It is essential for human activity that pipelines be laid, in order to transport gases, (usually natural gas), liquids (water, crude or refined hydrocarbons) and even slurries (e.g. coal, etc., in a liquid carrier). Commonly, these pipelines are buried, for protection against surface traffic, etc. After some years, surface vegetation or weathering may effectively mask the location of the pipelines. In some instances, there may be no information about the precise path of a pipeline, either due to the fact that its path was never accurately surveyed, or that the documentation about its path has since been lost. This may be true even if the pipeline is still being actively used for its original purpose.
In the event of further activity in the vicinity, which may necessitate the disturbance of the surface, it becomes a vital matter to precisely determine the location of the pipelines in the area, in order to avoid the possibility of inadvertent rupture of a pipeline. The consequences, in terms of personal injury or financial loss, of the rupture of a gas or oil pipeline, for example, could be very serious.
A common occurrence, for example, is the need to conduct further seismic tests, utilizing new technology, in the vicinity of a producing oil field. Seismic tests require the detonation of explosive charges, or the use of heavy vibrators, whose sites must be well clear of existing pipelines.
It may also occur, in the case of an oilfield or network of water wells where a series of wells feeds a system of collection by pipes, that the precise location of the individual wells is no longer known but must be determined, to facilitate further activity in the field.
Although means are known for locating buried pipes by ground measurements, such means usually rely on the ability to contact the pipe at one known point and, in any case, are slow and labour intensive if a large area, encompassing multiple pipelines, is to be mapped.
Pipelines are commonly made of steel, as an inexpensive, strong and durable material. Where the metal of the pipe comes into direct contact with groundwater, however, corrosion may occur, due to electrochemical action. To help guard against such corrosion, pipelines are usually covered with an impervious coating before burial. In addition, the electrical potential of the pipe is often lowered relative to the ground by use of a suitable DC generator, thus providing “cathodic protection” against corrosion, but causing DC current to flow along the pipe.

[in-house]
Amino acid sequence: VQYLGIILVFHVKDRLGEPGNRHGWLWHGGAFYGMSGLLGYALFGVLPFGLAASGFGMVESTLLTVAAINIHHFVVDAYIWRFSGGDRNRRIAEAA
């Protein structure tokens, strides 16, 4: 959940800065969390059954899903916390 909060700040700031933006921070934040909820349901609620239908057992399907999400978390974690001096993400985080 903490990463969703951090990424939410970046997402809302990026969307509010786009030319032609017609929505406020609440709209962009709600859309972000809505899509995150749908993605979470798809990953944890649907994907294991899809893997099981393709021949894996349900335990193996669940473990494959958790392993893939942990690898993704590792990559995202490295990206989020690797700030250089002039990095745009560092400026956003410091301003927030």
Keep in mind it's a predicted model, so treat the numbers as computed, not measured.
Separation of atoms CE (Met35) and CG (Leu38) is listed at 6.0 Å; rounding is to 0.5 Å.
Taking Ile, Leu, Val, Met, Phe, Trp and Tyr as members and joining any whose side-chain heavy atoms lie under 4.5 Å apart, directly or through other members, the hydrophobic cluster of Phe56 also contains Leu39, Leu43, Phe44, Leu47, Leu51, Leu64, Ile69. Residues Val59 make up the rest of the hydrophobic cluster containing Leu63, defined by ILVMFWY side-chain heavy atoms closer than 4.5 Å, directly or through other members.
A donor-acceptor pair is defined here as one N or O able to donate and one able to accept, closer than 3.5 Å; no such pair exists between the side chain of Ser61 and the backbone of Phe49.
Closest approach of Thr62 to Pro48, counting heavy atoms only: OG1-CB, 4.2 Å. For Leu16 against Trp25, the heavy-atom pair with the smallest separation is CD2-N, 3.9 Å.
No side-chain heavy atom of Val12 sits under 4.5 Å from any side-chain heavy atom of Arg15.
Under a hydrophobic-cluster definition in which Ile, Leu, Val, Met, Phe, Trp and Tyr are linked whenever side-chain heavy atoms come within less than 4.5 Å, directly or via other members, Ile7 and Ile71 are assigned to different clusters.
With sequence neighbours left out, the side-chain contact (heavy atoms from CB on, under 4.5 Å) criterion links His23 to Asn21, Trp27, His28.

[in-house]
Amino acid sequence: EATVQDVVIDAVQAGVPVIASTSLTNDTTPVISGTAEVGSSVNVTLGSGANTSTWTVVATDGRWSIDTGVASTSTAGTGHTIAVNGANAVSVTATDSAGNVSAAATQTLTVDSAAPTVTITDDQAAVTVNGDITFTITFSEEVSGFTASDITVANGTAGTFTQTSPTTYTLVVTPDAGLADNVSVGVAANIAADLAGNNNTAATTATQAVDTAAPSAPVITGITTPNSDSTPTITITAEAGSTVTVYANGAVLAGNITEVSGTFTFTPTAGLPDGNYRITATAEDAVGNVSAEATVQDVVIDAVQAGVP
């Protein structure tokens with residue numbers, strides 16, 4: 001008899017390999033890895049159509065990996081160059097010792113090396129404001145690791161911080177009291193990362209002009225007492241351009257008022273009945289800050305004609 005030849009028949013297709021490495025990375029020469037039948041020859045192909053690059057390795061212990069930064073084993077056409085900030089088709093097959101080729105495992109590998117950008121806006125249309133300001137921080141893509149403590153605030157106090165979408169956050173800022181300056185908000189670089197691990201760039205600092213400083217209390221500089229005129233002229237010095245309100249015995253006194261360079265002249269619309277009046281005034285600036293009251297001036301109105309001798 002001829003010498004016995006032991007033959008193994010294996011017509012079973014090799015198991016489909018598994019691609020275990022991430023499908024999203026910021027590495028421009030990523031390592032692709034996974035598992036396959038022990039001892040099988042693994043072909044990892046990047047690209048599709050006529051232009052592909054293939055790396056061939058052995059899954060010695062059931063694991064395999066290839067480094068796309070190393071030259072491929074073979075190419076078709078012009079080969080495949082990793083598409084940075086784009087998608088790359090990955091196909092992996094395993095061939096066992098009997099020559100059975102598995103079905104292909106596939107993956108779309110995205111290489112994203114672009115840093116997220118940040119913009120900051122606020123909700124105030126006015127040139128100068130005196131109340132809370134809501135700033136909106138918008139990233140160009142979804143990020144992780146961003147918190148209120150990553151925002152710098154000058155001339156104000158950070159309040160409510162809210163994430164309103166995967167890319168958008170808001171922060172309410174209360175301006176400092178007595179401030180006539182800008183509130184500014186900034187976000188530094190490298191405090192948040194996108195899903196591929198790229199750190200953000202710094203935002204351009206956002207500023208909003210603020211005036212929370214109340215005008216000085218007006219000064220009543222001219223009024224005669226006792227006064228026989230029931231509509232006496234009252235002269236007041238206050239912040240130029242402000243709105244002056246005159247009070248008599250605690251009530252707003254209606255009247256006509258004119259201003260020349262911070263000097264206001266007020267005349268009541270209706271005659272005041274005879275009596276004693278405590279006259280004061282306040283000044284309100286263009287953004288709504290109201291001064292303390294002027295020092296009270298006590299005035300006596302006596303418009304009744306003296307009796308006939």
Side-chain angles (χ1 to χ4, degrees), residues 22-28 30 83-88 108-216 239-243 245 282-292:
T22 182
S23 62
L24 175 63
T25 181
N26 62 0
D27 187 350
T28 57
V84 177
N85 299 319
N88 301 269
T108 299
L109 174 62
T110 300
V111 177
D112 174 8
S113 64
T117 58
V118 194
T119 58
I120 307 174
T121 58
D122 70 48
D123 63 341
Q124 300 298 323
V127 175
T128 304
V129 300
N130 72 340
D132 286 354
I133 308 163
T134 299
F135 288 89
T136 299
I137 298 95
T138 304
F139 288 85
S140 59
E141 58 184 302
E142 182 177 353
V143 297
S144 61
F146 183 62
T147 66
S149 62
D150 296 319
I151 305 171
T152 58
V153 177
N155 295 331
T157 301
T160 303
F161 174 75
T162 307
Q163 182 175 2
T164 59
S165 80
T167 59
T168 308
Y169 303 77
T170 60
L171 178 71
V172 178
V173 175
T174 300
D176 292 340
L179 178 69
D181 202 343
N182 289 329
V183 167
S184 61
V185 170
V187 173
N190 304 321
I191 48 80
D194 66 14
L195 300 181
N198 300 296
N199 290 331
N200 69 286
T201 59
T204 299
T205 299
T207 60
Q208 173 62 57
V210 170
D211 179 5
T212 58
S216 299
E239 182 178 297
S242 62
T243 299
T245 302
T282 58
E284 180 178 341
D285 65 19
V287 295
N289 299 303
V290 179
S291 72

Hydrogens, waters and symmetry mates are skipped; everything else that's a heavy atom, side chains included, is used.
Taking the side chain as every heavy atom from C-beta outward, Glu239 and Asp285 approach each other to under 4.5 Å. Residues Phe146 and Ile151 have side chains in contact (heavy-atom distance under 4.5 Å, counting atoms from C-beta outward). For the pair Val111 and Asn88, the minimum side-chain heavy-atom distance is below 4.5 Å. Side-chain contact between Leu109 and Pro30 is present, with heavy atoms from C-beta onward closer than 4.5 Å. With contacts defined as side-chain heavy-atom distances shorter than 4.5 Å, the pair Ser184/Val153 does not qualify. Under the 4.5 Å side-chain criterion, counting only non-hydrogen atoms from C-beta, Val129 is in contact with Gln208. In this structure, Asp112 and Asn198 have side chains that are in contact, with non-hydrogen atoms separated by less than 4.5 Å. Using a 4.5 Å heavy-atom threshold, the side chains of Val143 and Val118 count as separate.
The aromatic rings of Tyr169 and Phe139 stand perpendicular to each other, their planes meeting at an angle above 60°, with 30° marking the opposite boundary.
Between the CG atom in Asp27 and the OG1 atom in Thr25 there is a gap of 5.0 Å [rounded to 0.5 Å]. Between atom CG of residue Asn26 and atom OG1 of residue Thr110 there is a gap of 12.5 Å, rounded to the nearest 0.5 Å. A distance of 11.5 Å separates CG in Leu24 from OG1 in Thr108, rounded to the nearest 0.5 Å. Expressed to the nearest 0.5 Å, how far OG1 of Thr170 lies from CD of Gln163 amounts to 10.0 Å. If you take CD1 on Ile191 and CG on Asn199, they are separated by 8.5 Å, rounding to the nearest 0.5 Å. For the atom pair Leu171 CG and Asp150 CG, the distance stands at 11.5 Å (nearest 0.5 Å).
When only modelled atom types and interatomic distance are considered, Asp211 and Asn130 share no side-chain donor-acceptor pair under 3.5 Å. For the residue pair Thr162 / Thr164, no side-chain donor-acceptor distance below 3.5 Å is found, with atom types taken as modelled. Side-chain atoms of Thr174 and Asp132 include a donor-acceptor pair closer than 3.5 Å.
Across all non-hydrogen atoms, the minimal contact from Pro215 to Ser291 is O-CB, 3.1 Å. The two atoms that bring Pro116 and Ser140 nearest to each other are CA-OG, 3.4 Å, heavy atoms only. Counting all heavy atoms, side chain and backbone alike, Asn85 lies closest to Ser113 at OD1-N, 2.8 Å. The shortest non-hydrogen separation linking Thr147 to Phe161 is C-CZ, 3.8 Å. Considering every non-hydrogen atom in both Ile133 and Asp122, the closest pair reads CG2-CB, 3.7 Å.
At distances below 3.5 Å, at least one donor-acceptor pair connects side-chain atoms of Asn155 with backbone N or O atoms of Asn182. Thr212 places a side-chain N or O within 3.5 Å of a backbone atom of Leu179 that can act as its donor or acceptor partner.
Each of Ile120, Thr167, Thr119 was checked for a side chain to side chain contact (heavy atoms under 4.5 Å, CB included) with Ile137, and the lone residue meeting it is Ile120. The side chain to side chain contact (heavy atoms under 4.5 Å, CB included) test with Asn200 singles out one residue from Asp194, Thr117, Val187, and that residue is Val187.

Wellheads are usually characterized by having rather long lengths of near-vertical steel casing, in order to maintain the integrity of the well and to allow gases or fluids to be brought to the surface.
Other ferrous objects, such as buried drums, submerged vessels, buried ordnance, etc. may themselves be the targets of interest for detection and precise positioning. These are usually much more limited, dimensionally, than pipelines or wellhead castings.
In view of the foregoing, it is an aim of one aspect of this invention to provide a method and apparatus whereby to precisely map the location of pipelines and wellheads, very quickly and inexpensively, from the air. It is the aim of a further aspect of this invention to provide a diagnostic means whereby the response from the pipelines and wellheads may be distinguished from one another and from responses due to geological features and other cultural sources.
It is well known that steel objects can cause changes (anomalies) in the Earth's natural magnetic field in their vicinity. These changes have often been observed in accurate surveys of the Earth's total magnetic field, whose primary objective is geologic information, and are usually regarded as “noise” on the surveys. Such magnetic “noise” may be generated by pipelines, buildings, bridges, and wellheads, etc., all of which contain significant amounts of steel.
There are really three sources of such magnetic noise, namely:
1) induced magnetization of the steel objects, in the Earth's field, due to their high magnetic susceptibility;
2) remanent (permanent) magnetization, created in the steel when it was initially formed at high temperatures, and then cooled; and
3) the magnetic field of the cathodic protection current flowing in the pipelines. Even in the case of pipelines which are not under active cathodic protection, there may be currents flowing, due to electrochemical cells set up between dissimilar ground contact points on the pipe.
In the present invention use is made of these “noises” in the Earth's magnetic field to detect and precisely locate their sources, and to resolve these sources into useful categories, such as pipelines, wellheads and local steel objects (buildings, bridges, ordnance. etc.).
More particularly, this invention provides an apparatus for mapping the ground location of pipelines and wellheads from the air, comprising:
a framework adapted to be transported above the ground, the framework having a prescribed orientation relative to the transport direction,